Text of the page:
Built to Spill — one of indie rock’s bloodiest hearts and one-time Viva Voce tourmates — once declared that there’s nothing wrong with love. Viva Voce certainly wouldn’t argue with that.
For nearly a decade, the duo of Kevin and Anita Robinson has been crafting swoon-inducing pop music with a lover’s touch. The band’s first two albums, Lovers, Lead the Way! (2003) and The Heat Can Melt Your Brain (2004), teem with the kind of meticulous production and lush arrangements that only a labor of love could yield.
Granted, that passion is, above all, reserved for pop music itself. These two make songs like they’re trying to rekindle that over-the-rainbow feeling they got when they crushed on their first favorite band. Spacious drums tumble and crash. Vintage synthesizers bubble and fizz. And all the while, the Robinsons clap their hands and yawn their lilting melodies. Reissued as a single double-disc set, these albums are the understated preamble to the band’s more cinematic third album, Get Yr Blood Sucked Out (2006). But these two collections of lavishly decorated pop songs will likely still snare even the most jaded indie-rock fans.
Like Yo La Tengo, Viva Voce’s inclusive stylistic mix gives equal weight to both concise pop structuring and sprawling compositions. Frill-less and direct, “Wrecking Ball” and “Lesson No. 1” both breathe new life into well-worn guitar progressions with irrepressible sing-song melody. Lovers’ opener, “Fashionably Lonely,” on the other hand, rides out an ebullient synthesizer detour before settling into an otherwise straightforward song.
Likewise, the six-minute instrumental “Yr Epic Heart” never quite materializes into the song we would expect. Instead, it gathers tension before spilling its guts — in the form of sleigh bells and some wicked electric-guitar stabs — in one climactic gush. And though these two modes might seem at odds, the Robinsons capably perform at both ends of the spectrum. As pop writers, they never lapse into trite and predictable territory. When they play the experimental card, they don’t lose sight of most pop listeners’ thresholds for self-indulgence.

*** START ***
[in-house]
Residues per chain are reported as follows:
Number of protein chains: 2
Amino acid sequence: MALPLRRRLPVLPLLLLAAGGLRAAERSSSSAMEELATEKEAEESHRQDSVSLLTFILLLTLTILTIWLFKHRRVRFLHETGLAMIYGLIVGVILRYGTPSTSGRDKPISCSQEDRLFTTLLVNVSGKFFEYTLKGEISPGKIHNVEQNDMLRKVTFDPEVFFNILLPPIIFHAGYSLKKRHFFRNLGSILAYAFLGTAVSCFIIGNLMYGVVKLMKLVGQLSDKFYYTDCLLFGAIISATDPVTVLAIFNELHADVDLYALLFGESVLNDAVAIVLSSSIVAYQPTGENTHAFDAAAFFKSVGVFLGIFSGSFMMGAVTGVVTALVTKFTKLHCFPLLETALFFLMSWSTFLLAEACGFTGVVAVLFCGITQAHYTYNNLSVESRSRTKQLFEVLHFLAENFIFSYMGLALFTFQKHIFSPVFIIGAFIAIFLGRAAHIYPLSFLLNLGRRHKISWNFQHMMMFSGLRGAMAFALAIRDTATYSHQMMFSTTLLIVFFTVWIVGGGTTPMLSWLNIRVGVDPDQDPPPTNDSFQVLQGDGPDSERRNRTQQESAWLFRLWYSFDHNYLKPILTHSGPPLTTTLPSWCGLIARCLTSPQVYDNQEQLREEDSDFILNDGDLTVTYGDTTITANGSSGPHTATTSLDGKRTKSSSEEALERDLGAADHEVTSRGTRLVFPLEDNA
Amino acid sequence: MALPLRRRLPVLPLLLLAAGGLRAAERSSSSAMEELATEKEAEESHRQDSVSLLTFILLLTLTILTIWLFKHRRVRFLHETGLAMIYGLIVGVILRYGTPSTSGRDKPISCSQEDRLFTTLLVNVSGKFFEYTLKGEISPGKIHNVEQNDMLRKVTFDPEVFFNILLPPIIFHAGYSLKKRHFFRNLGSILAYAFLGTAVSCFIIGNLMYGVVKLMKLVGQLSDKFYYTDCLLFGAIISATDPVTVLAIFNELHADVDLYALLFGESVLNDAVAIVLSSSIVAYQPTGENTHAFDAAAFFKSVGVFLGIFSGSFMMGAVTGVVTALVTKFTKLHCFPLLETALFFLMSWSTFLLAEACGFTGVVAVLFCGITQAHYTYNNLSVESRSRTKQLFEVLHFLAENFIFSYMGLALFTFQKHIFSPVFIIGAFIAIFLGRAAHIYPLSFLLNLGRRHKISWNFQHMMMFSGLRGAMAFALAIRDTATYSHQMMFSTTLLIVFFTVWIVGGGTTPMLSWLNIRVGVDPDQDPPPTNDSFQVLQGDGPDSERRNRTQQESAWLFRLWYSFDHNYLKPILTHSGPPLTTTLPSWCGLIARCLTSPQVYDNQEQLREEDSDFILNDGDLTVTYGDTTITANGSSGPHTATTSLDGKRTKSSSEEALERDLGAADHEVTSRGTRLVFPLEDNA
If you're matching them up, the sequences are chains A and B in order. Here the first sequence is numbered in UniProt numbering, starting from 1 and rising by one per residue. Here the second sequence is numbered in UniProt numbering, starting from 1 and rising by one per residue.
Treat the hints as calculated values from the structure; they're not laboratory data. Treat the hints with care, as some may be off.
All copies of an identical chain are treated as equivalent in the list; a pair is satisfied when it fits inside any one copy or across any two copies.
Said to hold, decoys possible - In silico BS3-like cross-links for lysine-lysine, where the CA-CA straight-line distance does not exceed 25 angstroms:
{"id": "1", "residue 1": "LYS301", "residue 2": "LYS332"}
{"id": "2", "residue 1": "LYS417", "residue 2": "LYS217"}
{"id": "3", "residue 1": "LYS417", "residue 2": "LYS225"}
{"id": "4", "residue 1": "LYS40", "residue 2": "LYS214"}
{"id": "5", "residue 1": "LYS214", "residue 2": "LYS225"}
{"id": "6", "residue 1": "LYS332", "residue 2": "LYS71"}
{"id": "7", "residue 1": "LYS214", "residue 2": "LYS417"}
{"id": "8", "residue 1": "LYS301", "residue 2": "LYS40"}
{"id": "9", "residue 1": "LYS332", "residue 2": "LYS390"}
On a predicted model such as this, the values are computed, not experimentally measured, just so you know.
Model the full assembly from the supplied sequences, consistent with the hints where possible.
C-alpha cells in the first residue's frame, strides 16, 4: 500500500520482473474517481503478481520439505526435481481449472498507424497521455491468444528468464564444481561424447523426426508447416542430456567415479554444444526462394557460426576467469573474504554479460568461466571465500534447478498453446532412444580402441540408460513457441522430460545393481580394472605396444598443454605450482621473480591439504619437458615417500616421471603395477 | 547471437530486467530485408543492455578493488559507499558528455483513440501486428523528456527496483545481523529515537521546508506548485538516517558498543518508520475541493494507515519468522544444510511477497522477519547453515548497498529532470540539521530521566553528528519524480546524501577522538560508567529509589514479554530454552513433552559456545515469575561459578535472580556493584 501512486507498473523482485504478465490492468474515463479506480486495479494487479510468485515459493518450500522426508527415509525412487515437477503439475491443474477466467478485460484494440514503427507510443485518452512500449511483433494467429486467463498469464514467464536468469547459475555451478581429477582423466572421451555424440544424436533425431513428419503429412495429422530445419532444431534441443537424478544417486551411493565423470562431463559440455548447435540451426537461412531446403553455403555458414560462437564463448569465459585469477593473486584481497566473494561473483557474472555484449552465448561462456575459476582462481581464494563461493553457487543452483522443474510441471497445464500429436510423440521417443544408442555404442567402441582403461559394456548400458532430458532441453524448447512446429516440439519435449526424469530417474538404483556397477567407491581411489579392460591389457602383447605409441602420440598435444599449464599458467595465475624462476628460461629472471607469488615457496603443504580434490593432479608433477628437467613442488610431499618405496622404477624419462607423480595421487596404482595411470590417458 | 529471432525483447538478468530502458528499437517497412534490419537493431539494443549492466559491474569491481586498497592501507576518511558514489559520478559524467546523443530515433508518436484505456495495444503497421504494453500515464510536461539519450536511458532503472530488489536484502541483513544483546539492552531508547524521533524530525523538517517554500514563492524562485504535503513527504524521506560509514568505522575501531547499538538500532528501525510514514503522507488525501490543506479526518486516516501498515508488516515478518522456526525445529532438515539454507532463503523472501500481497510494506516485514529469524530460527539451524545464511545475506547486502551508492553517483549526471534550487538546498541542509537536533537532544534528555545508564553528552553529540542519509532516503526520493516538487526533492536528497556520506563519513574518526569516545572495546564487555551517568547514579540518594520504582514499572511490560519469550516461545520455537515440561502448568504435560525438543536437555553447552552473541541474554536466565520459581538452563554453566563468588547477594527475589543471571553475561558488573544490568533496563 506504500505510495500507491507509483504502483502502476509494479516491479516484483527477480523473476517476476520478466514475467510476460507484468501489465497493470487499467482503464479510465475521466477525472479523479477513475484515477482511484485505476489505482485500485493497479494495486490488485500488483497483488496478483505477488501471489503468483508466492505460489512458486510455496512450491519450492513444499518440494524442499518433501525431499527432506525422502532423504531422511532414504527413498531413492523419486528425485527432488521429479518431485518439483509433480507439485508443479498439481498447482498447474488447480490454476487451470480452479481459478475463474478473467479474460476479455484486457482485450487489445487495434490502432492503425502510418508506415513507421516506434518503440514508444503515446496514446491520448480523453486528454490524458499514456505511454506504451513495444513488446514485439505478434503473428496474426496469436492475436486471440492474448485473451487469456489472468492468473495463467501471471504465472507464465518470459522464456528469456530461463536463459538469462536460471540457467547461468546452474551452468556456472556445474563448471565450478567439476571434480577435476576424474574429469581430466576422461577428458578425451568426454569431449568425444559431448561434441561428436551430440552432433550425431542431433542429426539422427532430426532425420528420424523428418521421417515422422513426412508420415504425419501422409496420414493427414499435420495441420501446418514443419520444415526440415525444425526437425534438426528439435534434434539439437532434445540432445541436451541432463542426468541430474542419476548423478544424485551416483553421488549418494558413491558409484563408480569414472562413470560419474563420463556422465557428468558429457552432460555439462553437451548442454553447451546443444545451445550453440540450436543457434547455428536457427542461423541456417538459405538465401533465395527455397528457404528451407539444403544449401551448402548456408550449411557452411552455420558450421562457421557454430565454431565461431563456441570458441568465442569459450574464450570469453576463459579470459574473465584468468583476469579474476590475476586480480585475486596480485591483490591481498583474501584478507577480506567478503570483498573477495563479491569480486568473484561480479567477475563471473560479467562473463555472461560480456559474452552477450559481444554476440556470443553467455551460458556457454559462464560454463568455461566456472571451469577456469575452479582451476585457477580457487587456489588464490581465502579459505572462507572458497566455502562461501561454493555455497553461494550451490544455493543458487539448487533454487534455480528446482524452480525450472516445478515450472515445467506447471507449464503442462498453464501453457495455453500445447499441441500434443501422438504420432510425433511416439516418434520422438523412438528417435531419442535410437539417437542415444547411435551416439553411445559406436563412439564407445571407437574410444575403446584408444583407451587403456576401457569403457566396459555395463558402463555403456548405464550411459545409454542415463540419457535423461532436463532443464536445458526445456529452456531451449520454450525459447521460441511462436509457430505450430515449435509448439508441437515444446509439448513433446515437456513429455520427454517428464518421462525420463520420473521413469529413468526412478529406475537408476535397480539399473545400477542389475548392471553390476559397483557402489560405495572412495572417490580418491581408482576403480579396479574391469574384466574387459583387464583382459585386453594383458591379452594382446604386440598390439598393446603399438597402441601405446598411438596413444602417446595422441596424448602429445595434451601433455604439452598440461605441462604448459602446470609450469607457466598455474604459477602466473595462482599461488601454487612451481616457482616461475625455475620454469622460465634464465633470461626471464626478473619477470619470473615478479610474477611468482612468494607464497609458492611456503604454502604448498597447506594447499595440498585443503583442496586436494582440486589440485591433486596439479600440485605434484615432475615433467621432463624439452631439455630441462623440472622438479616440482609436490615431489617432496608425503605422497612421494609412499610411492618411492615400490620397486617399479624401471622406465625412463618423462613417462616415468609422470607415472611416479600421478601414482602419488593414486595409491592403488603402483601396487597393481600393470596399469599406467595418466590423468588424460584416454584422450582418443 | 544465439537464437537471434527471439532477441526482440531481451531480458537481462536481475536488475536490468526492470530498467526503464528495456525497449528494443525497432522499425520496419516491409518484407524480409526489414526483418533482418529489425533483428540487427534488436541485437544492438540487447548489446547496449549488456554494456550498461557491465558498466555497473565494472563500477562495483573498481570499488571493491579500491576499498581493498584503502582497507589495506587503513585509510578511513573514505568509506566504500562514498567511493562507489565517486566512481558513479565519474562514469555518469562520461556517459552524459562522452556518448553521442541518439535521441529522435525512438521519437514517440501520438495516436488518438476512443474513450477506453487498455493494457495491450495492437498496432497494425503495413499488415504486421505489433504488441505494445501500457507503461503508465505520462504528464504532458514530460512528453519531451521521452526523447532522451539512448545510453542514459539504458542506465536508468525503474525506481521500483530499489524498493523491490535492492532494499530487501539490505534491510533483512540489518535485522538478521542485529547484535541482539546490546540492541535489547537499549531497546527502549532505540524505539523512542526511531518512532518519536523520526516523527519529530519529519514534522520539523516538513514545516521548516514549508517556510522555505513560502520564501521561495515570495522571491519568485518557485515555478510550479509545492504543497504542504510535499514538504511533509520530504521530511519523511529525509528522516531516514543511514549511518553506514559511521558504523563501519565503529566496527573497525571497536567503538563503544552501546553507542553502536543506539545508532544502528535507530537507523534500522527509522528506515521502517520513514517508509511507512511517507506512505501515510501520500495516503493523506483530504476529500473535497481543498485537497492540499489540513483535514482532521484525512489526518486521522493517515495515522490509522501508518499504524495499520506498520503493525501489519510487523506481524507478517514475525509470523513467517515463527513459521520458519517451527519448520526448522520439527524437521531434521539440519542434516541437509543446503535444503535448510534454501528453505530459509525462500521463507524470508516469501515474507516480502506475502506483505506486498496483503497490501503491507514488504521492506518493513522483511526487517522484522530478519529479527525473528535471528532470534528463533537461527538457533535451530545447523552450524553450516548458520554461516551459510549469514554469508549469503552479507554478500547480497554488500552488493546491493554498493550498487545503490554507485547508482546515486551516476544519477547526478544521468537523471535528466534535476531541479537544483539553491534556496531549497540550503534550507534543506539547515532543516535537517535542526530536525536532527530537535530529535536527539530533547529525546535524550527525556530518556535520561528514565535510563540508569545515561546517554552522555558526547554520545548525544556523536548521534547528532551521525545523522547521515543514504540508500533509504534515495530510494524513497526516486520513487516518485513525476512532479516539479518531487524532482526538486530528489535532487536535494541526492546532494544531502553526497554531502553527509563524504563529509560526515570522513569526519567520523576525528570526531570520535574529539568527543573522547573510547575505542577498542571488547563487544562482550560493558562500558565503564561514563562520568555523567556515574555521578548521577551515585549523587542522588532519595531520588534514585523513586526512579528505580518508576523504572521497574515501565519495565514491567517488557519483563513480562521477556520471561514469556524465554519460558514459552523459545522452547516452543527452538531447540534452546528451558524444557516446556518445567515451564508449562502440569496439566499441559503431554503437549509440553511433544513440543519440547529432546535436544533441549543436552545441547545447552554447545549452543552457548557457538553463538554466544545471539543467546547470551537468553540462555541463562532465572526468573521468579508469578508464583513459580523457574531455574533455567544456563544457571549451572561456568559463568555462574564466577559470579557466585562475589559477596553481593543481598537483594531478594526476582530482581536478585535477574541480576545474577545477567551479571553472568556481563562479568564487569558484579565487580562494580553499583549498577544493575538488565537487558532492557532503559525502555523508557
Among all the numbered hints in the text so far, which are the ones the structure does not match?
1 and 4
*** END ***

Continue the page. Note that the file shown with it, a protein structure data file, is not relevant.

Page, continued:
As if the first two albums weren’t enough of an introduction, the reissue includes eight bonus tracks, including live radio sessions, a remix courtesy of Tunng, and a trio of demos. Although most demos serve as sketches, Viva Voce’s rough home recordings are charming lo-fi studies that hardly need a studio veneer to shine. All handclaps and tambourine, the demo version of “Lesson No. 1” captures a certain energy compromised in the album version.
Yes, these inclusions will likely remain extraneous for new listeners, but they’re fascinating glimpses into both the band’s creative process and its live act. Either way, Lovers, Lead the Way! and The Heat Can Melt Your Brain are made of the stuff of classic indie pop. And in age when bands struggle to differentiate themselves with flavor-of-the-month gimmickry, that’s music to my ears.